The Texas state Senate and House voted to pass a bill that restricts public school athletes from playing on sports teams that don’t match their sex — and the corporate media is already busy spinning it.
The Lone Star State’s Senate voted for the bill 19-12 on Friday and the House accepted the Senate’s amendments 76-61 on Sunday after months of deliberations on the issue. The legislation, which was sponsored by Rep. Valoree Swanson, now awaits a signature from Republican Gov. Greg Abbott, who previously signaled his intent to sign laws that protect girls’ sports.
“For five years the University Interscholastic League (UIL) in Texas has had a rule in place prohibiting boys from playing girls in girls’ sports,” Abbott said in April. “But the Texas Legislature is working on a bill to codify that, which I will sign.”
As the legislation currently stands, students’ participation on certain sports teams will have to correspond with the sex listed on their birth certificate. The bill contains one exception that allows biological females, no matter what so-called gender identity they claim, to participate on male sports teams if no option is available for girls.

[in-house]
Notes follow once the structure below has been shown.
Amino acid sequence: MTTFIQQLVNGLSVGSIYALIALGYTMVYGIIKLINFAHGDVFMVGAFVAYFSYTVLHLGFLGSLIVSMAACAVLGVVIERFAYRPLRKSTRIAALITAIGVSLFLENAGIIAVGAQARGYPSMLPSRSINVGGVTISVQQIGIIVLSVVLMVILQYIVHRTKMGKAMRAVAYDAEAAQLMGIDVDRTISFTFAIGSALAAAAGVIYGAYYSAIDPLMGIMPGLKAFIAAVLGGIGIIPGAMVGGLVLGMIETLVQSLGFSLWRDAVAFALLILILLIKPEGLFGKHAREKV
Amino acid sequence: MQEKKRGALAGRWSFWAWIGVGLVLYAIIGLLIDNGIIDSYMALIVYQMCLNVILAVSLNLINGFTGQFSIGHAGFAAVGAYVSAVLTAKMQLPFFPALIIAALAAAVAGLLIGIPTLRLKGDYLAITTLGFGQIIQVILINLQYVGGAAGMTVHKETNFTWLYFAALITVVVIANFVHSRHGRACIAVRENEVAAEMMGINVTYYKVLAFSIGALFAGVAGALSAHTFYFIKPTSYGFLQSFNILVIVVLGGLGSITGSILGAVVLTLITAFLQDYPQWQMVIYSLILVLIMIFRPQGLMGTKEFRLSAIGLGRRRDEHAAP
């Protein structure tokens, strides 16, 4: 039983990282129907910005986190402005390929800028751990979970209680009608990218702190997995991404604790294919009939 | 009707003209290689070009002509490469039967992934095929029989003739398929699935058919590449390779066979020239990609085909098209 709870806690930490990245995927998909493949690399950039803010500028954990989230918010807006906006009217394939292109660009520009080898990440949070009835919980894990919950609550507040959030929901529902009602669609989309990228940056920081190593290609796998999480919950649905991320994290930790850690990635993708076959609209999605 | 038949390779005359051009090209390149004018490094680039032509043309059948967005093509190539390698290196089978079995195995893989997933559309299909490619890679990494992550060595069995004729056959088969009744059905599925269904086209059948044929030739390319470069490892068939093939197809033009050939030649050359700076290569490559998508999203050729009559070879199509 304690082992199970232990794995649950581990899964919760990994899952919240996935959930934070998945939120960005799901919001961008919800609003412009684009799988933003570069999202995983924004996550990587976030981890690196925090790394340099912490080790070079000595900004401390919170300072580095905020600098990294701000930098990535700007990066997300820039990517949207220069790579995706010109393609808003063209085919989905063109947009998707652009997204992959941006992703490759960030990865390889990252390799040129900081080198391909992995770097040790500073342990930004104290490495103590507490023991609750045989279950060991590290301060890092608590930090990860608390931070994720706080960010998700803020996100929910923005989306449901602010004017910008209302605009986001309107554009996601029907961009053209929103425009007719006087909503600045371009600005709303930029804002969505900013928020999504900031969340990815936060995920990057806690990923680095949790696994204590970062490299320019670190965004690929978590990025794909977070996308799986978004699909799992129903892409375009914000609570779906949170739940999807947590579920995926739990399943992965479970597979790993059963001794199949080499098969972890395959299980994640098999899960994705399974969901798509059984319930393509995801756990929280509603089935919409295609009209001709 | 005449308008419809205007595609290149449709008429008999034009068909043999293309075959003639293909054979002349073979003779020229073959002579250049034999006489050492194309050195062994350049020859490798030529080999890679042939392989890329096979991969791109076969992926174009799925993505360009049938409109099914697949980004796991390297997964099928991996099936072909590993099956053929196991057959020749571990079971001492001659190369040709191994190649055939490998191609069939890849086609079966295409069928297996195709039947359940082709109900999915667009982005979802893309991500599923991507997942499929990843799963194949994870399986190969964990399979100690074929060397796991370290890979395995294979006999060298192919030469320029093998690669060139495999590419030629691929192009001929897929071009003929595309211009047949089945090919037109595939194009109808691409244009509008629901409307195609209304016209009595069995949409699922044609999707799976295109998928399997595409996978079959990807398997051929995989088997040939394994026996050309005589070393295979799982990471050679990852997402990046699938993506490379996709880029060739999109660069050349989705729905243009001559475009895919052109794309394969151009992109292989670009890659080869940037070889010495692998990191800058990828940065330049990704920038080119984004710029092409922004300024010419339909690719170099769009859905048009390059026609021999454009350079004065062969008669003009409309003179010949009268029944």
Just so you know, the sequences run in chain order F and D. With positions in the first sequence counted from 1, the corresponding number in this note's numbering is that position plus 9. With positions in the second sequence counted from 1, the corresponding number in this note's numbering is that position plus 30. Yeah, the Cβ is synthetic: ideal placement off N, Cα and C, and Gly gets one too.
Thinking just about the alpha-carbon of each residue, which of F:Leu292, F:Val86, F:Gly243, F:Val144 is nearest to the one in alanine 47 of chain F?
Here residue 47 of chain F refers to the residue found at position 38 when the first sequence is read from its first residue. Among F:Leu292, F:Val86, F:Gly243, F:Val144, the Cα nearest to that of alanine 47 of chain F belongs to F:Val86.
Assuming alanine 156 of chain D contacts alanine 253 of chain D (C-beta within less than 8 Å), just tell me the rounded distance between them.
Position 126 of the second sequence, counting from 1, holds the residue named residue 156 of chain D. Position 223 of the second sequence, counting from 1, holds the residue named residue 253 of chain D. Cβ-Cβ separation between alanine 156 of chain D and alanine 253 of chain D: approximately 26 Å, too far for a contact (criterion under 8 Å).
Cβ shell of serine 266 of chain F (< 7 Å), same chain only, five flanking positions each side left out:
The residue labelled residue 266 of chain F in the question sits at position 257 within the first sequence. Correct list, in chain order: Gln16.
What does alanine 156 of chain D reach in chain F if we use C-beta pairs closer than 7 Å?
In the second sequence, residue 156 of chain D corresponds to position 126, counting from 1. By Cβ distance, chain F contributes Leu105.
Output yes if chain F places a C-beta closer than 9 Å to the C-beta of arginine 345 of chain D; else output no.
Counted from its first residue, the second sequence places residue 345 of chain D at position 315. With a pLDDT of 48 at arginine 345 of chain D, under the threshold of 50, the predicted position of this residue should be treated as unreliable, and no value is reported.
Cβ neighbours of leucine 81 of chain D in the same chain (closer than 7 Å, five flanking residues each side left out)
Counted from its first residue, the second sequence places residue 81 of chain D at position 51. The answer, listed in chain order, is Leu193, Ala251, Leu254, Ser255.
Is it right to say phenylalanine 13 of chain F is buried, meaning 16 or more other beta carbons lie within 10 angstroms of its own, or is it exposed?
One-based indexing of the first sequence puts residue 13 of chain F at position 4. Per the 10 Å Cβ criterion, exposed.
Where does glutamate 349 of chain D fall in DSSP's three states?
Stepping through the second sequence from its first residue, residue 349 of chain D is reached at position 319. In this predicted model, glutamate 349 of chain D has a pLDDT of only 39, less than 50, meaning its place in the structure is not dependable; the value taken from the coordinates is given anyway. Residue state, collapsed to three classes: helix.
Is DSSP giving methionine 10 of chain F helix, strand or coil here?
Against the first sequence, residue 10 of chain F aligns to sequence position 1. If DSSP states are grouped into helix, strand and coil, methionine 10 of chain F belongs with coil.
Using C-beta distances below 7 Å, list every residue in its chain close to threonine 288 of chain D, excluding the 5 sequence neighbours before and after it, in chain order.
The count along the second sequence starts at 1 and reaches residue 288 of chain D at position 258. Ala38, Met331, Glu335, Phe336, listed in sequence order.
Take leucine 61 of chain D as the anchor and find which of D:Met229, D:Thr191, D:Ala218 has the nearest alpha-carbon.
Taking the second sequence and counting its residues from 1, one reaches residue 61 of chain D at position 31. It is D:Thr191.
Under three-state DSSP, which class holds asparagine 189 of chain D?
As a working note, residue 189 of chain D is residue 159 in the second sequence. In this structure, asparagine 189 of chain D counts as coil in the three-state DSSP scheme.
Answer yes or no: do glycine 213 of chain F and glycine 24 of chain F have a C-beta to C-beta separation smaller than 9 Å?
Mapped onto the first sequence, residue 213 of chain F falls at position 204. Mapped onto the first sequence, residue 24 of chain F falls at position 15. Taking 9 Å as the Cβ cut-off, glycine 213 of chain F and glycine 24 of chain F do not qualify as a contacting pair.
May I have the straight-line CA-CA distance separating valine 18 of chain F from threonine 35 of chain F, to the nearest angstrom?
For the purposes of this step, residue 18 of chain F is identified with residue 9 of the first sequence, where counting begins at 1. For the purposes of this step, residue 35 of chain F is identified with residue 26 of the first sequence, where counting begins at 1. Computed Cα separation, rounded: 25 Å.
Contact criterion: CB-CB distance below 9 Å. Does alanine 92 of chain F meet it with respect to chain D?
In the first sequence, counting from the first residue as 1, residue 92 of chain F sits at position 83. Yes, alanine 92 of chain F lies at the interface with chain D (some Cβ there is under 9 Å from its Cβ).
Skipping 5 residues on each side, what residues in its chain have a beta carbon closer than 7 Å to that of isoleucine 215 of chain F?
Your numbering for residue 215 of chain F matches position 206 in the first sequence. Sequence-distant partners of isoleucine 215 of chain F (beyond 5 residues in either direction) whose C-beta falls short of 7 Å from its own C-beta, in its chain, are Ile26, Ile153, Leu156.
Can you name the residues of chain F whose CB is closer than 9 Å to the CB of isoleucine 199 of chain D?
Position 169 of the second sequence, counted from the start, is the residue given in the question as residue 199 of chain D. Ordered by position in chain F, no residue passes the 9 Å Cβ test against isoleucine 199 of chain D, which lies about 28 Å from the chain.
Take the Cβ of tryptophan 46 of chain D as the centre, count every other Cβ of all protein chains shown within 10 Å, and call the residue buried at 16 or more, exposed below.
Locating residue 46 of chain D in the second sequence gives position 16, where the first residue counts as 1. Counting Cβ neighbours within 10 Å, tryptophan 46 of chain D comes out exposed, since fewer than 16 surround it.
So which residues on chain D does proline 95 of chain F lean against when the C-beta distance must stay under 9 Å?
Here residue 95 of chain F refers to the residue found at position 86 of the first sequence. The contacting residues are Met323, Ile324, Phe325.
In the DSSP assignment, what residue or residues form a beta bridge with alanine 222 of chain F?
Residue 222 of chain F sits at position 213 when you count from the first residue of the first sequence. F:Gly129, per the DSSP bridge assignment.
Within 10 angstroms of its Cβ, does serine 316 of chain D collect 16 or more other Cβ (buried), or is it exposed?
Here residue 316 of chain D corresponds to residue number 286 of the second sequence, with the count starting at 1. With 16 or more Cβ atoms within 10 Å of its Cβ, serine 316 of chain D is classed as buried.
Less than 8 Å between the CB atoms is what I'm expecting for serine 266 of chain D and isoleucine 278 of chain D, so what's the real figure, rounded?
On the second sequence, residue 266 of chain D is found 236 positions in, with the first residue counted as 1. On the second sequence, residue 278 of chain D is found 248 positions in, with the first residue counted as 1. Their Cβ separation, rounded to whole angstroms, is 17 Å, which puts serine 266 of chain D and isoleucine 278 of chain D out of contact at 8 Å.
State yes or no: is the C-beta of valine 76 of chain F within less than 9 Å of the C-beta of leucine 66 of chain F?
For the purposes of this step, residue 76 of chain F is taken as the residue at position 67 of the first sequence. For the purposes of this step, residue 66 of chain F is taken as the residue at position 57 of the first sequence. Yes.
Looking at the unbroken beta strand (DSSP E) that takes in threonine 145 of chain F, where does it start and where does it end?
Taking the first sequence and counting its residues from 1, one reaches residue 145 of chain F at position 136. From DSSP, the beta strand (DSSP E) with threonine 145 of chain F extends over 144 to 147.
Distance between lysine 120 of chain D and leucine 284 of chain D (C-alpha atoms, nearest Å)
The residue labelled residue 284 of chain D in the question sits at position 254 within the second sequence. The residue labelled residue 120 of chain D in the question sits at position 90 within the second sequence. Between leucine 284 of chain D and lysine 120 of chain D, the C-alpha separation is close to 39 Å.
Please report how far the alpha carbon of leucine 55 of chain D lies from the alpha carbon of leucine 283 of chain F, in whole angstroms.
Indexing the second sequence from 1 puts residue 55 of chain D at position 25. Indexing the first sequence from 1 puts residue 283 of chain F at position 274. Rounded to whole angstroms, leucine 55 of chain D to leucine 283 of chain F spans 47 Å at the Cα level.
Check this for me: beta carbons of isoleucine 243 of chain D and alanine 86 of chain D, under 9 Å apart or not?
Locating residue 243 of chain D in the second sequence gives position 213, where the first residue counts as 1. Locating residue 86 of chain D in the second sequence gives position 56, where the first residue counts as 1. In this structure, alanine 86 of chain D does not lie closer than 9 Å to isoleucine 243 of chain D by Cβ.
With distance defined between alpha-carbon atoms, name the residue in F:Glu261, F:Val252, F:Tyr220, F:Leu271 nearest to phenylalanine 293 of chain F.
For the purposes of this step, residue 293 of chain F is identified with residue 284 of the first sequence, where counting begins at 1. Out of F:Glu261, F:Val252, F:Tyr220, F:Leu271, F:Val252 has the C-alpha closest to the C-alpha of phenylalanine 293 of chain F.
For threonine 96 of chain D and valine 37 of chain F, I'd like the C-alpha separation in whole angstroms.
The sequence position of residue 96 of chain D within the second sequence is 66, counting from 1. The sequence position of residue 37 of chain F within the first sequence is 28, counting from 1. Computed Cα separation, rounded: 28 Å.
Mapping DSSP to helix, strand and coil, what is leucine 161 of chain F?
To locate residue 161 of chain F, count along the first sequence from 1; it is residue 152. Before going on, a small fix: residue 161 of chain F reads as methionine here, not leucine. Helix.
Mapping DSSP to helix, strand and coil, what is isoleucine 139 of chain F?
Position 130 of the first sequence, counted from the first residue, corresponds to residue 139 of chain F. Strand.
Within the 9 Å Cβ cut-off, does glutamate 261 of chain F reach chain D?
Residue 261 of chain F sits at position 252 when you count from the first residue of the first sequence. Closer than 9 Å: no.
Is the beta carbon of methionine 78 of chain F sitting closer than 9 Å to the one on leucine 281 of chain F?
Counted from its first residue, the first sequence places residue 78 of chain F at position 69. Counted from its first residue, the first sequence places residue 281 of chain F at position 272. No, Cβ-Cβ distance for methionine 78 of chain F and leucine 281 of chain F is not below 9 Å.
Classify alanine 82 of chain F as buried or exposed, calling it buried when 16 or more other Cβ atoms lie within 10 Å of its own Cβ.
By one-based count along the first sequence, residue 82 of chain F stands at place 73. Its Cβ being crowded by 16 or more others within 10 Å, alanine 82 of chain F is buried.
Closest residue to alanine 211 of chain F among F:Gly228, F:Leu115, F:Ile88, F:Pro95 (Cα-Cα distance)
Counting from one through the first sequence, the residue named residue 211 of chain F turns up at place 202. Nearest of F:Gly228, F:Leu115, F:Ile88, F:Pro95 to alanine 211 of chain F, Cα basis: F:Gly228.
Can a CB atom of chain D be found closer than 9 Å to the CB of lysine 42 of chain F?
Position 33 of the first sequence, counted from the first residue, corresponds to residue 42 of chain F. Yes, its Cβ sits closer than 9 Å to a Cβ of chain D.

If Abbott signs it, Texas will join the ranks of other Republican-led states that have worked to keep biological boys out of girls’ sports, such as Alabama, Florida, Mississippi, and others.
CBS News labeled the bill “controversial,” but polling suggests that allowing transgender athletes to play on teams that do not correspond with their sex is largely unpopular in the United States. In March, 53 percent of Americans supported banning males who claim to be females from playing women’s sports.
The Texas Tribune also showed its true colors by prefacing its article about the bill with a notice directing readers who need “LBGTQ mental health support” to call suicide prevention lines.
“For LGBTQ mental health support, call the Trevor Project’s 24/7 toll-free support line at 866-488-7386. You can also call the National Suicide Prevention Lifeline at 800-273-8255 or text 741741 from anywhere in the country to reach a trained crisis counselor. Read our mental health resource guide for more information,” the Tribune wrote.